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Business Roundup

February 8, 2019 | A version of this story appeared in Volume 97, Issue 6


Air Liquide has paid $21 million for a 19% stake in Hydrogenics, a Canadian maker of fuel cells and equipment for generating hydrogen. The two plan to jointly develop proton exchange membrane electrolysis technology for hydrogen energy markets.

Mitsui & Co. and Ishihara Sangyo Kaisha have jointly purchased a 25% stake in Ouro Fino Quimica, a Brazilian agrochemical company. Mitsui says the company, founded in 2010, has developed “top-notch” formulas for the Brazilian market.

EverZinc, the former Umicore zinc chemical business, has acquired GH Chemicals, a Canadian maker of zinc oxide with 58 employees. The acquisition is EverZinc’s second since OpenGate Capital acquired it in 2016.

Kyocera has acquired H.C. Starck Ceramics, a German ceramics maker, for an undisclosed sum. Kyocera says the purchase will expand its fine ceramics business into Europe from Japan and the US.

Adaptive3D has completed a financing round led by the venture capital arms of DSM and Applied Materials. The Dallas-based start-up is making photoresins for high-throughput additive manufacturing of plastic and rubber parts.

Alexion is investing up to $60 million in Caelum Biosciences. The two will develop an antibody that targets the amyloid fibrils that accumulate in the disease amyloid light chain amyloidosis. Alexion can also acquire Caelum, which would earn the small firm up to $500 million more.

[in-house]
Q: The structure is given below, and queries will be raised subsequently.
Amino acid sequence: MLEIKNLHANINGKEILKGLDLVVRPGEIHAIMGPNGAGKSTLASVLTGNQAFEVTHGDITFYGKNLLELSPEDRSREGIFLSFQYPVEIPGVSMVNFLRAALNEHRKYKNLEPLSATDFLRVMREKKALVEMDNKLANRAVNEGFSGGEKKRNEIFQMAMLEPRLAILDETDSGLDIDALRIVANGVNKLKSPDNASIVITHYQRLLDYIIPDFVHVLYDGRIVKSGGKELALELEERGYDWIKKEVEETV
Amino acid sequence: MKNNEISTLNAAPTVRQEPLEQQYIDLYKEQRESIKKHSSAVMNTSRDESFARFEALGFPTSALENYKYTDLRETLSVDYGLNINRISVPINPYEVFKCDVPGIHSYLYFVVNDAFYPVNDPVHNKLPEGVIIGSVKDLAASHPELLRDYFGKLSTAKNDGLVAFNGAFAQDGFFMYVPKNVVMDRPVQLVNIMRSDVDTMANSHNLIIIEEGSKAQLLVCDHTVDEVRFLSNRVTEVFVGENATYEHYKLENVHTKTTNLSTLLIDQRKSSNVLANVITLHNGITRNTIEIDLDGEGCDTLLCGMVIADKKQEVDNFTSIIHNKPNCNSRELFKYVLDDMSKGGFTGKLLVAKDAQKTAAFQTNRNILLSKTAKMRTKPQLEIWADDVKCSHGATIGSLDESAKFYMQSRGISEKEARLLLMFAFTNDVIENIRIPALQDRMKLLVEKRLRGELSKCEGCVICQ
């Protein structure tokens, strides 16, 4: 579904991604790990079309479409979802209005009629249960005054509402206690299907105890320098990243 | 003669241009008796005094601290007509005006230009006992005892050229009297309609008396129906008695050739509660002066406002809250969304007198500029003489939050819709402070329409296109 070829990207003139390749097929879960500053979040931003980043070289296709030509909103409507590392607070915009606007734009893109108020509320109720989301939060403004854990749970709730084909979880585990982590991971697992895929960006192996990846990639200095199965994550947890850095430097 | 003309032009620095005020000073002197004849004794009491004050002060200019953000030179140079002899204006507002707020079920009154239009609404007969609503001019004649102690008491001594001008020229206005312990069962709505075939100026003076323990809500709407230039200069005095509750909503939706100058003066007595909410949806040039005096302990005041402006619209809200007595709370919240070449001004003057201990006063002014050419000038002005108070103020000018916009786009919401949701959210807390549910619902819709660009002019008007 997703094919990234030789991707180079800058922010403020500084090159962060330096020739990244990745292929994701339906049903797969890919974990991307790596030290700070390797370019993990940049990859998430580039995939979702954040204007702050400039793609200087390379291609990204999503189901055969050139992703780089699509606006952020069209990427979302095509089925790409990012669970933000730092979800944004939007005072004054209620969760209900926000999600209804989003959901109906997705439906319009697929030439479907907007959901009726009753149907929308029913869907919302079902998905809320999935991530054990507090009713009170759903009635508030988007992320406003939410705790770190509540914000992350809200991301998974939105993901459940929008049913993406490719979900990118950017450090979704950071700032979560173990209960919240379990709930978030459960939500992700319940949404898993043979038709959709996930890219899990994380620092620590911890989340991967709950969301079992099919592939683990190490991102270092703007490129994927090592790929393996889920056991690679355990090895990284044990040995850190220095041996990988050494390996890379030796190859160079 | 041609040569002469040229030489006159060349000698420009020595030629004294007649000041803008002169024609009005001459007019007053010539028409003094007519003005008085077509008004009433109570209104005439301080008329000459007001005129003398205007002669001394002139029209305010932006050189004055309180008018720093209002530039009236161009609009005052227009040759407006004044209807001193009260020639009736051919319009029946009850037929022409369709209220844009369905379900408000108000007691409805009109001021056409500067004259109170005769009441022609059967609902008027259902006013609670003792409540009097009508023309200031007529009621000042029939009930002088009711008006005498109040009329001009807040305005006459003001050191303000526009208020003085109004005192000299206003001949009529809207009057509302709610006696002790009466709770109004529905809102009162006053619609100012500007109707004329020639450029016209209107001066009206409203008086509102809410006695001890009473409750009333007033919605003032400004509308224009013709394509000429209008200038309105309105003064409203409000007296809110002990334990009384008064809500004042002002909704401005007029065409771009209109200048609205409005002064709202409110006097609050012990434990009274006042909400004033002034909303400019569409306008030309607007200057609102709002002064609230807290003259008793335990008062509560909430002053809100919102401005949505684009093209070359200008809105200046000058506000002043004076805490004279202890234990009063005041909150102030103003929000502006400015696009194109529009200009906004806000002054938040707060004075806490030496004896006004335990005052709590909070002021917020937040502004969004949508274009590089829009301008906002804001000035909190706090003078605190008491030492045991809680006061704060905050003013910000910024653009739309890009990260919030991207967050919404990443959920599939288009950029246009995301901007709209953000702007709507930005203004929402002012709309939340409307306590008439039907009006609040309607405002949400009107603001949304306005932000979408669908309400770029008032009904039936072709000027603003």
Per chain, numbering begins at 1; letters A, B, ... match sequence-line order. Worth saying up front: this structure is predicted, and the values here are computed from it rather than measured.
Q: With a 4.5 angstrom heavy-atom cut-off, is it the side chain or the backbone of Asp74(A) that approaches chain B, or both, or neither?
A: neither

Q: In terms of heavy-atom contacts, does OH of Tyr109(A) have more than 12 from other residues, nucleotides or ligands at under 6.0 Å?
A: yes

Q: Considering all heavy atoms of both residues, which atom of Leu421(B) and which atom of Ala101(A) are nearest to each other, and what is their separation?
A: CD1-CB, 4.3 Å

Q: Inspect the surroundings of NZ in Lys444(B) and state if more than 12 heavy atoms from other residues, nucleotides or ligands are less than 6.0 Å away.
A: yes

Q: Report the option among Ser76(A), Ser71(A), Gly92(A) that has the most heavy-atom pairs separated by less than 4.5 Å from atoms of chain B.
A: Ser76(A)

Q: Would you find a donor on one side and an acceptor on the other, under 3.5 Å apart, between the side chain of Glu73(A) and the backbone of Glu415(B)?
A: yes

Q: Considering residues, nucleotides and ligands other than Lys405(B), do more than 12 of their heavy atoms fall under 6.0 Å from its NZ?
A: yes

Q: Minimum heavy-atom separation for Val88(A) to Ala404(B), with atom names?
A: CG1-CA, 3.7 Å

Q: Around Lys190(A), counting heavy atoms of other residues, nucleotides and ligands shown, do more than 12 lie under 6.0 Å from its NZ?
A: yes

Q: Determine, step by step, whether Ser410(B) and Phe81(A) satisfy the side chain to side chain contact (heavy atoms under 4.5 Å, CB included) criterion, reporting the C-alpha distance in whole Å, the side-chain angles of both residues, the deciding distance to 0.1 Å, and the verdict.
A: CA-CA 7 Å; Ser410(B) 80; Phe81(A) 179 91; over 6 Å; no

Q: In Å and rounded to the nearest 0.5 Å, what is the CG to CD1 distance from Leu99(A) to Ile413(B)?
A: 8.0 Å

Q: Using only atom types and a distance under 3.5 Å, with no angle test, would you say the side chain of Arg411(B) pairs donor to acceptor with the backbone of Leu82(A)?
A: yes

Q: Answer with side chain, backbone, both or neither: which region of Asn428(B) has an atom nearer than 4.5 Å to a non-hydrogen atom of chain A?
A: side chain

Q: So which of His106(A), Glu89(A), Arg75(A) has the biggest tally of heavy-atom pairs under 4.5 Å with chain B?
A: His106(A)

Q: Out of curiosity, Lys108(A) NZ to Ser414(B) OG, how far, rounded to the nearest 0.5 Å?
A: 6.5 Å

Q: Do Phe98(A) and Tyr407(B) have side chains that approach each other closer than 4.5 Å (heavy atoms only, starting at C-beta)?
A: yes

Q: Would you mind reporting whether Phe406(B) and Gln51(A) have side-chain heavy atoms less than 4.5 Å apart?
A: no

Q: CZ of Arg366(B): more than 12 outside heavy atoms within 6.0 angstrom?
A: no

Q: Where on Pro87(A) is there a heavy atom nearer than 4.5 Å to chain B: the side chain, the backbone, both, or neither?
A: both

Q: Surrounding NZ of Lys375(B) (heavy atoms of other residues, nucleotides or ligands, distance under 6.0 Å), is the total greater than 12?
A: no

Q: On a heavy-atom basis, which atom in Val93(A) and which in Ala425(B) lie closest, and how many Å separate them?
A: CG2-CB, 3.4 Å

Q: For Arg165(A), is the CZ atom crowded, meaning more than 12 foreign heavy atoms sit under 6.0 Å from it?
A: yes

DSM will increase its stake in Yantai Andre Pectin, a Chinese pectin maker, to 75% from 29%, for a price of about $170 million. Pectin is a fruit extract used in food, beverages, and personal care.

Amyris will develop fermentation-derived cannabinoids for the beverage and skincare markets with an undisclosed partner. Amyris says the deal is worth up to $255 million over the next 12 to 36 months.

HiberCell has launched with $61 million in funding. The New York City–based biotech says it is the first company focused exclusively on detecting dormant tumor cells, which are the cause of most cancer deaths. It will build on research by Julio Aguirre-Ghiso at the Tisch Cancer Institute.


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